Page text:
Protests have raged across Iran for the fourth day in a row as authorities have confirmed that three people have been killed amid unrest over the death of a young woman in custody.
Most important points:
- Iran’s government accused foreign agents and unspecified terrorists of inciting the violence
- Three foreigners arrested during rallies in Tehran
- A Kurdish human rights group said three people were killed when security forces opened fire
The death last week of 22-year-old Mahsa Amini, who was arrested by the vice squad for ‘inappropriate clothing’, unleashed a torrent of dormant anger over a host of issues, including rights, security and an economy teetering from international sanctions.
It is one of the worst unrest in Iran since street fighting over water shortages last year.
The Iranian government accused foreign agents and unnamed terrorists of inciting the violence.
Tehran Governor Mohsen Mansouri said three “foreign agents” were arrested during overnight rallies, according to Iran’s state news agency IRNA.
In an apparent effort to ease tensions, an aide to Iran’s Supreme Leader, Ayatollah Ali Khamenei, expressed her condolences to Ms Amini’s family and said Mr Khamenei was affected and pained by her death.
“All institutions will take action to defend the rights that have been violated,” Abdolreza Pourzahabi, Mr Khamenei’s representative in Kurdistan Province, said during a visit to Ms Amini’s home, state media reported.
Demonstrations continued in Tehran late on Tuesday and police fired tear gas, the semi-official Fars news agency reported.
Kurdish human rights group Hengaw said three people were killed in Kurdistan on Monday when security forces opened fire.
Mr Pourzahabi confirmed that three people were killed but said the deaths were suspicious and did not say who was responsible.
“A citizen of [the city of] Divandarreh was murdered with a weapon not used by the armed forces. Terrorist groups want to kill,” Esmail Zarei Koosha said in comments from the semi-official Fars news agency.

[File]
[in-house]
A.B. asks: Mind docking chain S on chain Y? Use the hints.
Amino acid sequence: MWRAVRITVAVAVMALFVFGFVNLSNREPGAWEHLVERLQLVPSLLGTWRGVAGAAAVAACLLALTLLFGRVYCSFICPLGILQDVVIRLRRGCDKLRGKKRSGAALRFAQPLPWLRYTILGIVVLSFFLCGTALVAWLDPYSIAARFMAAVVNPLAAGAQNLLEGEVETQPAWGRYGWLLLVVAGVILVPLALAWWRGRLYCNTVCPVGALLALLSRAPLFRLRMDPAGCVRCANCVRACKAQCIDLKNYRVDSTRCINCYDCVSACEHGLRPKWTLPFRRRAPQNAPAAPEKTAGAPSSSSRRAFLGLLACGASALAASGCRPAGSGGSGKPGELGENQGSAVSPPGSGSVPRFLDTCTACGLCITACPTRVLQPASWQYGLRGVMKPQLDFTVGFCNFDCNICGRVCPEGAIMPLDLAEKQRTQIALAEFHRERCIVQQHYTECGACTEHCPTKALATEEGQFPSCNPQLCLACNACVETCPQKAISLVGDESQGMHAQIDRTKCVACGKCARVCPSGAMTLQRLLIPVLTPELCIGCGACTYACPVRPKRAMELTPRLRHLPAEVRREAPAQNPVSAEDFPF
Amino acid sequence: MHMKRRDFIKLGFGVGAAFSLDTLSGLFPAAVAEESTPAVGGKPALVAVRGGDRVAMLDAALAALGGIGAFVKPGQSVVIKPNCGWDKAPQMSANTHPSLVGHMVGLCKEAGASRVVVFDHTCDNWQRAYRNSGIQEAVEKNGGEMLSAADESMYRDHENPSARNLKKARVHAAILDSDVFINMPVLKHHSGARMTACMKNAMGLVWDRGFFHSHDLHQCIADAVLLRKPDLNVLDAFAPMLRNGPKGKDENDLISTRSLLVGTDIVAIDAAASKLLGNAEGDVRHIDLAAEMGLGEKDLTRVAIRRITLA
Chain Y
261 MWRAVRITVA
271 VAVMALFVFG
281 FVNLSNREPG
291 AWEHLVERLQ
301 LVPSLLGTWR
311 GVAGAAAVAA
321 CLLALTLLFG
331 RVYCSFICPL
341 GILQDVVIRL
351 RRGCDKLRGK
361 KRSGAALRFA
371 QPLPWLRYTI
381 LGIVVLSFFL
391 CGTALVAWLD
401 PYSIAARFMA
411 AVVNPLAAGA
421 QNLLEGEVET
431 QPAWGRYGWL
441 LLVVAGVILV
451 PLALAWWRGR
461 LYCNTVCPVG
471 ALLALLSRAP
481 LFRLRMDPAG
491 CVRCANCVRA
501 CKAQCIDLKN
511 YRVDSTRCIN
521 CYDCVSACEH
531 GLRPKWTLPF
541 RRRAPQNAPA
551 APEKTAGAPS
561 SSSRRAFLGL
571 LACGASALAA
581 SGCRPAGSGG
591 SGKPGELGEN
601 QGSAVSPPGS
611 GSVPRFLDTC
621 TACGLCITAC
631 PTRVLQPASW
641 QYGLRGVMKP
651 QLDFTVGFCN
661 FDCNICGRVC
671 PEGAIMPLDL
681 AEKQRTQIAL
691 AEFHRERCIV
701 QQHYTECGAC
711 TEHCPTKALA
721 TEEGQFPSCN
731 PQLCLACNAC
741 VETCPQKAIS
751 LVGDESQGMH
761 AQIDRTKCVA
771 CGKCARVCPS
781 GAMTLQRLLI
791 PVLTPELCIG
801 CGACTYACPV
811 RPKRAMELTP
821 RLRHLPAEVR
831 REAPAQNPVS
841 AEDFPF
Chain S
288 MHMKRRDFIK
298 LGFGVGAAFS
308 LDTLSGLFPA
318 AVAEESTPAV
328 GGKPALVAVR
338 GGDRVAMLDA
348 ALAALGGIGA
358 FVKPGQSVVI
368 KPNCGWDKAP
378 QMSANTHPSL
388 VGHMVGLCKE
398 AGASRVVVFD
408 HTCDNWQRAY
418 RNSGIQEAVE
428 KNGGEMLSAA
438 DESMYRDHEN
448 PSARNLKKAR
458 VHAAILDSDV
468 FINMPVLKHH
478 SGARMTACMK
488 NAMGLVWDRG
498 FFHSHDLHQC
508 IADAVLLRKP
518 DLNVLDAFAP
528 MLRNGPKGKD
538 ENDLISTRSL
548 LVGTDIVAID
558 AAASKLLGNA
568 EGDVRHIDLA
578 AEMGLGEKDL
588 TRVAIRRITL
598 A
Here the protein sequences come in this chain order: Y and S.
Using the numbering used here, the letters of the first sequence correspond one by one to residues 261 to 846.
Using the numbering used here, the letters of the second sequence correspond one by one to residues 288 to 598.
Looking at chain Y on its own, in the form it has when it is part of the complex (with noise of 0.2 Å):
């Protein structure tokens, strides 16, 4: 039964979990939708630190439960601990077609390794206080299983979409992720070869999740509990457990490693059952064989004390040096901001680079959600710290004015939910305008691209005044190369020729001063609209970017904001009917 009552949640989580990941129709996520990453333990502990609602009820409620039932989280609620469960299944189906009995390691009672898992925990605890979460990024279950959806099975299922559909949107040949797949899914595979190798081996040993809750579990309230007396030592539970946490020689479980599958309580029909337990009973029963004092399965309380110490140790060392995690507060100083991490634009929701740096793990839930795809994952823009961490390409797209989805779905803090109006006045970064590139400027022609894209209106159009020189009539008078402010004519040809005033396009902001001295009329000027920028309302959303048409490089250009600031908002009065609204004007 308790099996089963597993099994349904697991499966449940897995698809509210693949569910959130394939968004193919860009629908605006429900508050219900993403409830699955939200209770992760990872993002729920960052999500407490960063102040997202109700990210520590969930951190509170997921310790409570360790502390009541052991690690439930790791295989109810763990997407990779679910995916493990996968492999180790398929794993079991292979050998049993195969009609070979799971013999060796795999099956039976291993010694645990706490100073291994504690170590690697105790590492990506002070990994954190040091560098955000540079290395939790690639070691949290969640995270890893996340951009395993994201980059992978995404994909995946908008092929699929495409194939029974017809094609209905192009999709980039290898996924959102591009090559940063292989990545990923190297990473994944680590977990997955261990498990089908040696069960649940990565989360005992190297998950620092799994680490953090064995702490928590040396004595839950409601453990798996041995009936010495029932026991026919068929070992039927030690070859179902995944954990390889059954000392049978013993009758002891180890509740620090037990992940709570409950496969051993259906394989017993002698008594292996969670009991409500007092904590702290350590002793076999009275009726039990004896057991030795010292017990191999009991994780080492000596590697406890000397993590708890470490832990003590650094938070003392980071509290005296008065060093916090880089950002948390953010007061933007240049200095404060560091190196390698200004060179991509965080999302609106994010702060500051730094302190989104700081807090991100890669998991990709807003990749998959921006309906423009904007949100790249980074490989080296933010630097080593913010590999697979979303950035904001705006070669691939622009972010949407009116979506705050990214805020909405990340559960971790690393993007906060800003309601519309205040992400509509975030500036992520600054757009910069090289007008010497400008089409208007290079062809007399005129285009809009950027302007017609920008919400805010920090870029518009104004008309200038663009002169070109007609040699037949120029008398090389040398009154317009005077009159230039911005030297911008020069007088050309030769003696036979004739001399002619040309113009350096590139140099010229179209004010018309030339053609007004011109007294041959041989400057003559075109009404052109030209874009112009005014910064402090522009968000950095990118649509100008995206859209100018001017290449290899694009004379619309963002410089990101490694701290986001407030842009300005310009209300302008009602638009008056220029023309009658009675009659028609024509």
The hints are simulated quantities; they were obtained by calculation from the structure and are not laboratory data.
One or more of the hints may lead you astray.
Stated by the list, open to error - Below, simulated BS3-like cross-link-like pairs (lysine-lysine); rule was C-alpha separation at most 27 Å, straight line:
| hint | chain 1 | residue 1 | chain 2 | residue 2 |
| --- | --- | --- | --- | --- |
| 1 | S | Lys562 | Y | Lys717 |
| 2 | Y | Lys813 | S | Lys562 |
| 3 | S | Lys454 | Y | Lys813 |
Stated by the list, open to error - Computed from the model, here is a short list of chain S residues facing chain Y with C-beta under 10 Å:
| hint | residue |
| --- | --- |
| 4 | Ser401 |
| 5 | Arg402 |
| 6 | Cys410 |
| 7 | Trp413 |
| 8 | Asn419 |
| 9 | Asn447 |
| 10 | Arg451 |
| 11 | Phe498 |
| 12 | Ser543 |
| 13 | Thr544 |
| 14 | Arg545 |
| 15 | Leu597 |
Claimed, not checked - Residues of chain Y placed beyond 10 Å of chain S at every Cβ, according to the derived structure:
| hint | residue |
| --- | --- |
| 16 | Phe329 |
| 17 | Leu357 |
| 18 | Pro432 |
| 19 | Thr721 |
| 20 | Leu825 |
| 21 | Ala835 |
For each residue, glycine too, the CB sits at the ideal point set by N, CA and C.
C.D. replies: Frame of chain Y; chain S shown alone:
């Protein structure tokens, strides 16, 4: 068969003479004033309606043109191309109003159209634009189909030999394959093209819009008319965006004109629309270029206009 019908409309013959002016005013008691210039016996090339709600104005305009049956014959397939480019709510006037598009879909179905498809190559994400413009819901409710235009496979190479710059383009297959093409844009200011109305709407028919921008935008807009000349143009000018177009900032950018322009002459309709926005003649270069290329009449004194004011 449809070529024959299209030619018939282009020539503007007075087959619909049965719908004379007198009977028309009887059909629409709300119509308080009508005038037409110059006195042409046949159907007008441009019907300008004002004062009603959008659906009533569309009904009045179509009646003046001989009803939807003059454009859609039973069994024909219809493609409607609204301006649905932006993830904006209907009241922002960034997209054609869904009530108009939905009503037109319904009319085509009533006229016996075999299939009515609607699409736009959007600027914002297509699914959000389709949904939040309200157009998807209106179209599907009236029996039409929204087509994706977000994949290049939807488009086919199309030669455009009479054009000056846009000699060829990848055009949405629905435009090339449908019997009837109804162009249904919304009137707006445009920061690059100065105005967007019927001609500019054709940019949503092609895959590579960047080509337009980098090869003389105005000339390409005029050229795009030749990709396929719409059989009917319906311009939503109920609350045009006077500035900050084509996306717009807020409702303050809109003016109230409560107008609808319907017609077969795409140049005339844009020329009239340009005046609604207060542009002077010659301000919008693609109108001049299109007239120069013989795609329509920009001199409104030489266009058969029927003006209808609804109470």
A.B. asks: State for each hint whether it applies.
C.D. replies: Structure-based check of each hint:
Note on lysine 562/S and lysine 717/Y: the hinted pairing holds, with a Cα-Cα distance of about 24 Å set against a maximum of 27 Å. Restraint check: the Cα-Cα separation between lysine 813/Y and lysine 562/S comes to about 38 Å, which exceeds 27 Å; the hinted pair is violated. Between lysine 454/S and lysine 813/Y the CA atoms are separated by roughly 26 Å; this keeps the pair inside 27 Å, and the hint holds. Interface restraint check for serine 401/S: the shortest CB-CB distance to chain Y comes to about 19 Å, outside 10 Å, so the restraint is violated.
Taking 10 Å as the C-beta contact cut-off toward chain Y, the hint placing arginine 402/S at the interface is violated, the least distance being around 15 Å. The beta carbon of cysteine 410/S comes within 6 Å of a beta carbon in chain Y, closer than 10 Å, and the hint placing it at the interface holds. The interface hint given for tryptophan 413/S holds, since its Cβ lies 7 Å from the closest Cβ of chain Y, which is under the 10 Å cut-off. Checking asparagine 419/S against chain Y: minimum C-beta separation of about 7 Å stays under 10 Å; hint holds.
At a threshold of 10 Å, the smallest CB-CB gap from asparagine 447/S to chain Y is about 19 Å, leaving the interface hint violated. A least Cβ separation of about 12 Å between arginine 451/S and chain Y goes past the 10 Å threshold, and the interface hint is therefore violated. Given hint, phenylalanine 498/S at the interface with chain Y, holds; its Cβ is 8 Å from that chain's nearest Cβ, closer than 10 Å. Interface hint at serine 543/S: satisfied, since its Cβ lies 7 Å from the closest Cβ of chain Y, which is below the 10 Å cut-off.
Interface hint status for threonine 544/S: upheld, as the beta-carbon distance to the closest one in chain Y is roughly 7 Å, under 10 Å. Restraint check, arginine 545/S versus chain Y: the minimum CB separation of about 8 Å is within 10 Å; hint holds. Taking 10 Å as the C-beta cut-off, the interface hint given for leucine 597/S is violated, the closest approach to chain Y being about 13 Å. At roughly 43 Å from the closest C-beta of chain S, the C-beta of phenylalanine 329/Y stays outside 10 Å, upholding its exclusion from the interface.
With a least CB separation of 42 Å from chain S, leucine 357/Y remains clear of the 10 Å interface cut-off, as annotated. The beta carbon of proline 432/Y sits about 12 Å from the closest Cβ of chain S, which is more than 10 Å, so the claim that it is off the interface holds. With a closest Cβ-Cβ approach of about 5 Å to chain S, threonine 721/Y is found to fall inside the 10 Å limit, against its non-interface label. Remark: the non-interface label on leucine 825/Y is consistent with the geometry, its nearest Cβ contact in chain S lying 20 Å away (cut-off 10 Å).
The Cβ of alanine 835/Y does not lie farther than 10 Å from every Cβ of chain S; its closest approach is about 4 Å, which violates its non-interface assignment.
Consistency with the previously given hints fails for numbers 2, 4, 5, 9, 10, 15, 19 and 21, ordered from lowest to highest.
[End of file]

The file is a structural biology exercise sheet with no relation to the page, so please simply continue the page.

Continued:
Ms Amini fell into a coma and died while waiting with other women detained by the vice squad, which enforces strict rules in the Islamic Republic requiring women to cover their hair and wear loose-fitting clothes in public.
Mrs Amini’s father has repeatedly said that his daughter had no health problems, adding that she had bruises on her legs.
He held the police responsible for her death.
Amini’s death unleashes anger over ‘tidal wave’ of other problems
Demonstrations broke out in Kurdistan and spread to several other provinces in northwestern Iran on Monday and Tuesday.
State media reported “limited demonstrations” in several cities, where protesters claimed to be chanting anti-government slogans, throwing rocks at police vehicles and damaging public property.
The most violent unrest took place in the Kurdistan region.
Videos posted on social media show demonstrations in numerous cities, with women waving their headscarves and demonstrators against security forces.
The protests, sparked by Ms Amini’s death, “also shed light on the tidal wave of problems ordinary Iranians face every day related to security and freedom,” said Sanam Vakil of the Chatham House think tank.
“I don’t think this is an existential challenge for the regime… because the system in Iran has a monopoly on violence, a well-honed security strategy that it’s already implementing,” she added.
Protesters marched through Tehran’s Grand Bazaar on Monday chanting “Mahsa Amini, Rest in Peace,” according to a video posted on Twitter.
During a major protest in Tehran, a mob of protesters in black clothes shouted, “Oh, the day we will be armed,” according to another video posted on Twitter.
Reuters could not verify the videos.
Protesters took to the streets elsewhere in Tehran to chant anti-Khamenei slogans and police fired tear gas to disperse them, Fars news agency reported in a rare confession from state-affiliated media to the extent of the unrest.
Hengaw said there were protests in 13 cities on Monday and 250 people had been arrested.
In Gilan province, police have arrested 22 people for vandalizing public property, the deputy police commander said.